"This continues the cycle of smaller and larger patches on alternate months," said Wolfgang Kandek, CTO of Qualys, in a blog post. Regardless, since all three of the bugs detailed this month could allow remote code execution, he recommends quick patching.
The critical Windows vulnerability involves a flaw in Windows Internet Name Server (WINS), which "could allow remote code execution if a user received specially crafted malware on an affected system running the WINS service," said Microsoft.
According to Symantec, the bug exists because WINS "fails to sufficiently validate data structures in WINS network packets." Note, however, that WINS isn't ever installed by default, hence only users that have manually installed the component will be receiving an update.
The two other bugs, rated "important," are both in Microsoft PowerPoint, and could be exploited via a specially crafted, malicious PowerPoint file. "An attacker who successfully exploited either of these vulnerabilities could gain the same user rights as a logged-on user," said Microsoft. Of course, users operating with fewer rights will necessarily be better protected against any related exploits. "Users whose accounts are configured to have fewer user rights on the system could be less impacted than users who operate with administrative user rights," said Microsoft.
Microsoft's advice recalls a study, released last month, which found that blocking admin-level rights for regular users would stop the majority of attacks seen against Microsoft Windows.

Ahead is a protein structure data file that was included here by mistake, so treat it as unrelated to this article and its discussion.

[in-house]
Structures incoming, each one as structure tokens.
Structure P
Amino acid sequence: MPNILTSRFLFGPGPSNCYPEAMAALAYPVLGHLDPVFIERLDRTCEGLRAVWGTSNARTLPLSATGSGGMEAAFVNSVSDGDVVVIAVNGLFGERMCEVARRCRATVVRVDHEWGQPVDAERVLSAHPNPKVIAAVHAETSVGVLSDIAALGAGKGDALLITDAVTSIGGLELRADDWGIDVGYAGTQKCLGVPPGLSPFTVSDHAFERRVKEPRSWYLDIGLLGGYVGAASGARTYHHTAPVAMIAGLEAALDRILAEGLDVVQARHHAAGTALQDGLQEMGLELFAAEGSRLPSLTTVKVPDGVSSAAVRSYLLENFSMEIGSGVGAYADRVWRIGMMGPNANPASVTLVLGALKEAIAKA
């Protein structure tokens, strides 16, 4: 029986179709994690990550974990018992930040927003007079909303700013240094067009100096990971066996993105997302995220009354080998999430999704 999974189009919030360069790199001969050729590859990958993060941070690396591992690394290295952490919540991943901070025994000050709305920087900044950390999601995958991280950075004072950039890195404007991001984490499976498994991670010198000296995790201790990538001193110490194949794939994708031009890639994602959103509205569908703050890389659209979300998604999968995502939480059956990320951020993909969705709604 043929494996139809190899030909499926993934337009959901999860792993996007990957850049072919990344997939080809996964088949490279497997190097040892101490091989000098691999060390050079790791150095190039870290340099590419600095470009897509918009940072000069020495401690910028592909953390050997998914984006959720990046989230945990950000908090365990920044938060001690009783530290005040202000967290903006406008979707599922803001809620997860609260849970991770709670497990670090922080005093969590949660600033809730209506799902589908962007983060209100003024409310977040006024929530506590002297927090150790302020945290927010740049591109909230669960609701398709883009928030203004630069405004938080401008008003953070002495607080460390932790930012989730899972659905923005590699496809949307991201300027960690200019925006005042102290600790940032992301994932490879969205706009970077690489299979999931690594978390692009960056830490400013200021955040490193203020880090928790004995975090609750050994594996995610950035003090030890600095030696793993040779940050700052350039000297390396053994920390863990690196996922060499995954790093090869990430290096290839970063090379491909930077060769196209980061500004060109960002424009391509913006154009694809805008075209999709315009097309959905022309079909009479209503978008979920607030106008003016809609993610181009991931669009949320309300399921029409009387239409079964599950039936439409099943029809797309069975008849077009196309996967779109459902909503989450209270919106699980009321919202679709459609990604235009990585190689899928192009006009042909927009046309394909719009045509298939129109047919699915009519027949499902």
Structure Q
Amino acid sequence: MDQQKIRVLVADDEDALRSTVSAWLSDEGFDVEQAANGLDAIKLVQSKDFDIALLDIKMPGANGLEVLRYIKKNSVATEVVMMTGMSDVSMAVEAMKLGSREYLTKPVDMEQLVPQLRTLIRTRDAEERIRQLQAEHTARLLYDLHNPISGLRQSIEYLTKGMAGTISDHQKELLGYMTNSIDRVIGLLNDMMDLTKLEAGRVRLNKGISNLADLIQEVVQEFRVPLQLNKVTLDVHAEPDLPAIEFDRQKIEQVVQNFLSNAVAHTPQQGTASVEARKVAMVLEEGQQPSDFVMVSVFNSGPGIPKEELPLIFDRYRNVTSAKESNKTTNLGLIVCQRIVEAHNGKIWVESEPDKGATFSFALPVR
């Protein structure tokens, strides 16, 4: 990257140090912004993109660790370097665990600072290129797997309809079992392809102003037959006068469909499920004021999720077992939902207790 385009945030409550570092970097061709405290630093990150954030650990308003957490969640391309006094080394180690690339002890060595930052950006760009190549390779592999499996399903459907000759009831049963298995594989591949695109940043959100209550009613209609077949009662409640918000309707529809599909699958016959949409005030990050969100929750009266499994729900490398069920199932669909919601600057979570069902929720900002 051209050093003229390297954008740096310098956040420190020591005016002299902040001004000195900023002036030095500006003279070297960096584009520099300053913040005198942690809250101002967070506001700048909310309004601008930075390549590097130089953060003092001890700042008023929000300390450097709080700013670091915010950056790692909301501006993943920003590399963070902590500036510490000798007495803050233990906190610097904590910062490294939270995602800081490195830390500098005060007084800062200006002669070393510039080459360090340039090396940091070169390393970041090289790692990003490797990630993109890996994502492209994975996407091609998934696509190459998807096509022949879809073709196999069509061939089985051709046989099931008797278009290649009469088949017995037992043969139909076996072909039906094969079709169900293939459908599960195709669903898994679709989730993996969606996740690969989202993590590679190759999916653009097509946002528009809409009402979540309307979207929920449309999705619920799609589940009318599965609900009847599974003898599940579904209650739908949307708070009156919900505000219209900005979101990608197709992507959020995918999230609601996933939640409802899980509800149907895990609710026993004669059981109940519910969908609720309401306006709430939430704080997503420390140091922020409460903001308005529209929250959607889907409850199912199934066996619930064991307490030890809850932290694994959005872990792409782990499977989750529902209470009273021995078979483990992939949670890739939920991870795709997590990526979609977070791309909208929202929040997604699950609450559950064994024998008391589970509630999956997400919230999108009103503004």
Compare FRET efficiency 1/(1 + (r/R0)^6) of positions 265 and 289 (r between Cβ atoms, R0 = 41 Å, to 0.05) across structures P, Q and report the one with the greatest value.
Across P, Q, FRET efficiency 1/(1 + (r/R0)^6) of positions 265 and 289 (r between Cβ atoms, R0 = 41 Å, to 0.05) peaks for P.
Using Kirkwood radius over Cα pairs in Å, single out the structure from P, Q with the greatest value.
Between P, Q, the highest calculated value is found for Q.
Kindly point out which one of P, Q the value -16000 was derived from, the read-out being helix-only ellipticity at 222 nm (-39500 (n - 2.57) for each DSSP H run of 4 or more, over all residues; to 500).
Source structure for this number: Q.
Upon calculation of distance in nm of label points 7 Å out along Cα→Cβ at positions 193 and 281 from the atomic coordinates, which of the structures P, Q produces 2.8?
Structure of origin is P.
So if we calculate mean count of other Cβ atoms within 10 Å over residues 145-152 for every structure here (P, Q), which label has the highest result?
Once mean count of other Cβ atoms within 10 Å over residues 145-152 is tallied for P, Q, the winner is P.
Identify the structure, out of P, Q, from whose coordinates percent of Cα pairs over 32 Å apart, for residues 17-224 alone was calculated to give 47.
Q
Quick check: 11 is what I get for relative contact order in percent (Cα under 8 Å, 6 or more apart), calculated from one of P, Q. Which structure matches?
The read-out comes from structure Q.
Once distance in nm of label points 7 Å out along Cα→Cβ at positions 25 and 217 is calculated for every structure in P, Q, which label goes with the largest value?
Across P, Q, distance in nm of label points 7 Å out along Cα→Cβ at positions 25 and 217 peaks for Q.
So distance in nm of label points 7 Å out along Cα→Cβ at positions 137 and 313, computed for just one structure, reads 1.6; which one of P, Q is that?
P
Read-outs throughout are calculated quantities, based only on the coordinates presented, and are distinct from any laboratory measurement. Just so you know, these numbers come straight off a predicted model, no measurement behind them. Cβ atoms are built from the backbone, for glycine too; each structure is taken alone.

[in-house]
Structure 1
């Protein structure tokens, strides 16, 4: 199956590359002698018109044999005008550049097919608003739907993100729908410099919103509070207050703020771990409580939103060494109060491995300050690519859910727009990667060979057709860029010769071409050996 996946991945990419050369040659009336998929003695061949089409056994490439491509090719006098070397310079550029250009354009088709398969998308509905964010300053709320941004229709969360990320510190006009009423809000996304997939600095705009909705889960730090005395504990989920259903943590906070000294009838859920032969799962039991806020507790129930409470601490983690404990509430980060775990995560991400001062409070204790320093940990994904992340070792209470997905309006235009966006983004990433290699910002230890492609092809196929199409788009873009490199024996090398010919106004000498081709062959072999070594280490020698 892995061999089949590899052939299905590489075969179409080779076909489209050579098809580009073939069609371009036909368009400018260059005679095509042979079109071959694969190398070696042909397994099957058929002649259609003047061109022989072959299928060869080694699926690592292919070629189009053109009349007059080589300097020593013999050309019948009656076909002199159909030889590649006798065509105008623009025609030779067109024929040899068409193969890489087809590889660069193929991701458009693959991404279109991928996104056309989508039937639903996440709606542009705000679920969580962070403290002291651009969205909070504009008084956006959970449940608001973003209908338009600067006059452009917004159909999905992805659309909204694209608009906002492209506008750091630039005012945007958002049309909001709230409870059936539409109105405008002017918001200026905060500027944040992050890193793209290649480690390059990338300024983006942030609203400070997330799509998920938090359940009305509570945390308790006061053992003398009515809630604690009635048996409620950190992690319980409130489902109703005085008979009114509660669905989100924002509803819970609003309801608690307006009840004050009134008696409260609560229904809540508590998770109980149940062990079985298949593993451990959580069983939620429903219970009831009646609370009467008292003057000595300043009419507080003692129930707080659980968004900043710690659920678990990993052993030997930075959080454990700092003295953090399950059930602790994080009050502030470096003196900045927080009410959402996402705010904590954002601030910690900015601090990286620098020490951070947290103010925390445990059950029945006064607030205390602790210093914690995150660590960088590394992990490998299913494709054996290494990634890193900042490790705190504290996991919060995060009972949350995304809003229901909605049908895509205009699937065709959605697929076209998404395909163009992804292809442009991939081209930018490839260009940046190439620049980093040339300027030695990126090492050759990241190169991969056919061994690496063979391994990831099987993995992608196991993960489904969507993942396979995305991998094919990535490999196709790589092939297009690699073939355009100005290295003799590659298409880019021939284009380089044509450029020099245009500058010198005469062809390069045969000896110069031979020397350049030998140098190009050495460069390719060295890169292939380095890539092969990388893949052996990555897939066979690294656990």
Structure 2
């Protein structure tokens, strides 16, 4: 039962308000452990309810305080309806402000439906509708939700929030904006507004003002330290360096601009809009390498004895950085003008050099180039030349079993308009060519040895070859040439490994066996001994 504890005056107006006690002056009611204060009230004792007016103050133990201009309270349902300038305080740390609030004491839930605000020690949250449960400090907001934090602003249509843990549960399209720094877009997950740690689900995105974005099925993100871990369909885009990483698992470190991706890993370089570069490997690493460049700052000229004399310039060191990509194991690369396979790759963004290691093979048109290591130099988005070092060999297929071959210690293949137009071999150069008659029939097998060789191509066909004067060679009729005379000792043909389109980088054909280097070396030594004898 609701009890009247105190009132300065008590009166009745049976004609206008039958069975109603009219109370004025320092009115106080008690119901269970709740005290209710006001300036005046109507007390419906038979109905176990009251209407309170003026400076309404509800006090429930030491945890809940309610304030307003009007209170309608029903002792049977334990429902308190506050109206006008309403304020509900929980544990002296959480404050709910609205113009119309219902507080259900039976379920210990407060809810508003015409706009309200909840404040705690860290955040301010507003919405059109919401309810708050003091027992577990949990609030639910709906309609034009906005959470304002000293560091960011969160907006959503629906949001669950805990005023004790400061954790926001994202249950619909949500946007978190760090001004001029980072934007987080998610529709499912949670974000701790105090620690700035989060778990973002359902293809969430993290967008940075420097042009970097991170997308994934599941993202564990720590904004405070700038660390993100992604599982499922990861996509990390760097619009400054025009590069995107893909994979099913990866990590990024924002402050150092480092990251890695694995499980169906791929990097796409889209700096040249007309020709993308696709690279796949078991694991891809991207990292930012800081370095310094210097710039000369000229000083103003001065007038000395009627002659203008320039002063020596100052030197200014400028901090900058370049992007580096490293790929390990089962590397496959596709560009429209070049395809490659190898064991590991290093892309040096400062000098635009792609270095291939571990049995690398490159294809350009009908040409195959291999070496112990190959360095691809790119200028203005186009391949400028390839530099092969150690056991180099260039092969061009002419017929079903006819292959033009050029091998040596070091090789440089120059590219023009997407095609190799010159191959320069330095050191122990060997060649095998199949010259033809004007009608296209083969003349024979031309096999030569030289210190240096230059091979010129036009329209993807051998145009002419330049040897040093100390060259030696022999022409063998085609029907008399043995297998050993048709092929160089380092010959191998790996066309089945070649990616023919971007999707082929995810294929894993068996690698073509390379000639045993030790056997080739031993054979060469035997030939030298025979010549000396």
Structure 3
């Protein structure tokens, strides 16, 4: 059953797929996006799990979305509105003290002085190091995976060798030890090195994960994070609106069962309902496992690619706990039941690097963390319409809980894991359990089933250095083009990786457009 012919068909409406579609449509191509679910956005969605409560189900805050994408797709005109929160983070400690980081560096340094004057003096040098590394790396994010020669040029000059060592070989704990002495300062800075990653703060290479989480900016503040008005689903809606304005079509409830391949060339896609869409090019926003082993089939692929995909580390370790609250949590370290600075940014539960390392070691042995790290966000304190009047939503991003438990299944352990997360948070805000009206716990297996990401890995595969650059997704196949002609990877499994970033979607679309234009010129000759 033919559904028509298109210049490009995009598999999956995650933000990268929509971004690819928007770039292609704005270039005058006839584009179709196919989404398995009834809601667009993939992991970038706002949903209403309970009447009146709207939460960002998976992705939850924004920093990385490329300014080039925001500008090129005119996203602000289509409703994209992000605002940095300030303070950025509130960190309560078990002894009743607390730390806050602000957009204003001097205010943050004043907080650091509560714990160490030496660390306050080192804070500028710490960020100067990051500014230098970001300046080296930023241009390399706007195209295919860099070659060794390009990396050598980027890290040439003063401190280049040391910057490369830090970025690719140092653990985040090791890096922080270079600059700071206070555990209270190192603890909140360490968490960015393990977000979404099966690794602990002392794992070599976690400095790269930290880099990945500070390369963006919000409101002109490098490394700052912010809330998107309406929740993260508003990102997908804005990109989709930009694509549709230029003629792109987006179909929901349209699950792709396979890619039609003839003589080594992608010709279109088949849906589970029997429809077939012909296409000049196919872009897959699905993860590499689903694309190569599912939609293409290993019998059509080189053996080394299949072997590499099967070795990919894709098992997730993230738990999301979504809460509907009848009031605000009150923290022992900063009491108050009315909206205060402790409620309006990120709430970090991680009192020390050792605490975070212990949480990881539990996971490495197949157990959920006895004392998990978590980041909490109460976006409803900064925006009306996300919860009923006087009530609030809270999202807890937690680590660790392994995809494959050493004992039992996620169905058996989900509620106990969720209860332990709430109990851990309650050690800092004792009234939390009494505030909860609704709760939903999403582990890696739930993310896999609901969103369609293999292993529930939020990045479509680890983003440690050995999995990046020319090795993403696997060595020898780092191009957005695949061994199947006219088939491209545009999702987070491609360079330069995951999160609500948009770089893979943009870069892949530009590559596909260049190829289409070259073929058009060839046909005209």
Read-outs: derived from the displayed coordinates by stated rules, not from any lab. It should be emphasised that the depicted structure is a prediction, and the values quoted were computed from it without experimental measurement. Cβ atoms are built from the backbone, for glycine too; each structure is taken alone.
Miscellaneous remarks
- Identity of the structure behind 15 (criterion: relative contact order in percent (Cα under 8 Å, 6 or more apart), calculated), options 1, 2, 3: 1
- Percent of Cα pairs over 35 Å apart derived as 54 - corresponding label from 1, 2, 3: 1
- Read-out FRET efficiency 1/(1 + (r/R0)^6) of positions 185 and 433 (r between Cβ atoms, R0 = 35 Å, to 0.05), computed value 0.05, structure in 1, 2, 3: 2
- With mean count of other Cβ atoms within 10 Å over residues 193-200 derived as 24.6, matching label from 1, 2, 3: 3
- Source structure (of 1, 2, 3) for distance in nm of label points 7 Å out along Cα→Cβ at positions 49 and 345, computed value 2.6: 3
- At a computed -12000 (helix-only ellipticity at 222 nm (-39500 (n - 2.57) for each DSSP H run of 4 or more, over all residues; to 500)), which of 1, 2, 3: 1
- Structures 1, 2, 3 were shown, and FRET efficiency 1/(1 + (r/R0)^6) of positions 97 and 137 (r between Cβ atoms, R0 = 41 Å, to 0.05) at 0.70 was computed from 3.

Another relevant attack-stopping technique is to use the Office file validation feature--included by default in Office 2010 but also released last month for Office 2003 and 2007--which scans Office files for malformed data. If found, users see a warning that the file they're trying to open might be dangerous. But they can choose to open the file anyway.
While Microsoft released a patch for all affected versions of PowerPoint--2002, 2003, 2007--for Windows, it has yet to patch Microsoft Office 2004 and 2008 for Mac, which are also at risk. As a result, Mac users remain vulnerable to malicious PowerPoint files, said Graham Cluley, senior technology consultant at Sophos, in a blog post. "The risk is that cybercriminals will reverse engineer the fix for the Windows version of PowerPoint, and use the information they discover to exploit the vulnerability on Apple Mac versions."
Also on the vulnerability front, beginning this month, Microsoft has updated its "exploitability index," which estimates the likelihood of a vulnerability being exploited by attackers in the next 30 days. It's designed to help patch managers know which flaws to fix first.
Now, Microsoft is offering an exploitability index for both the current version of a product, as well as all former versions in aggregate. On Microsoft's website, Maarten Van Horenbeeck, a senior security program manager, said that "this change makes it easier for customers on recent platforms to determine their risk given the extra security mitigations and features built into Microsoft's newest products; under the previous system, vulnerabilities were given an aggregate rating across all product versions."
Van Horenbeeck said the change, which Microsoft has been testing internally for eight months, reflects its finding that 38% of bugs discovered in products don't exist in the latest version of that product. In contrast, only 3% of bugs discovered in the most recent version of a product don't also affect previous versions.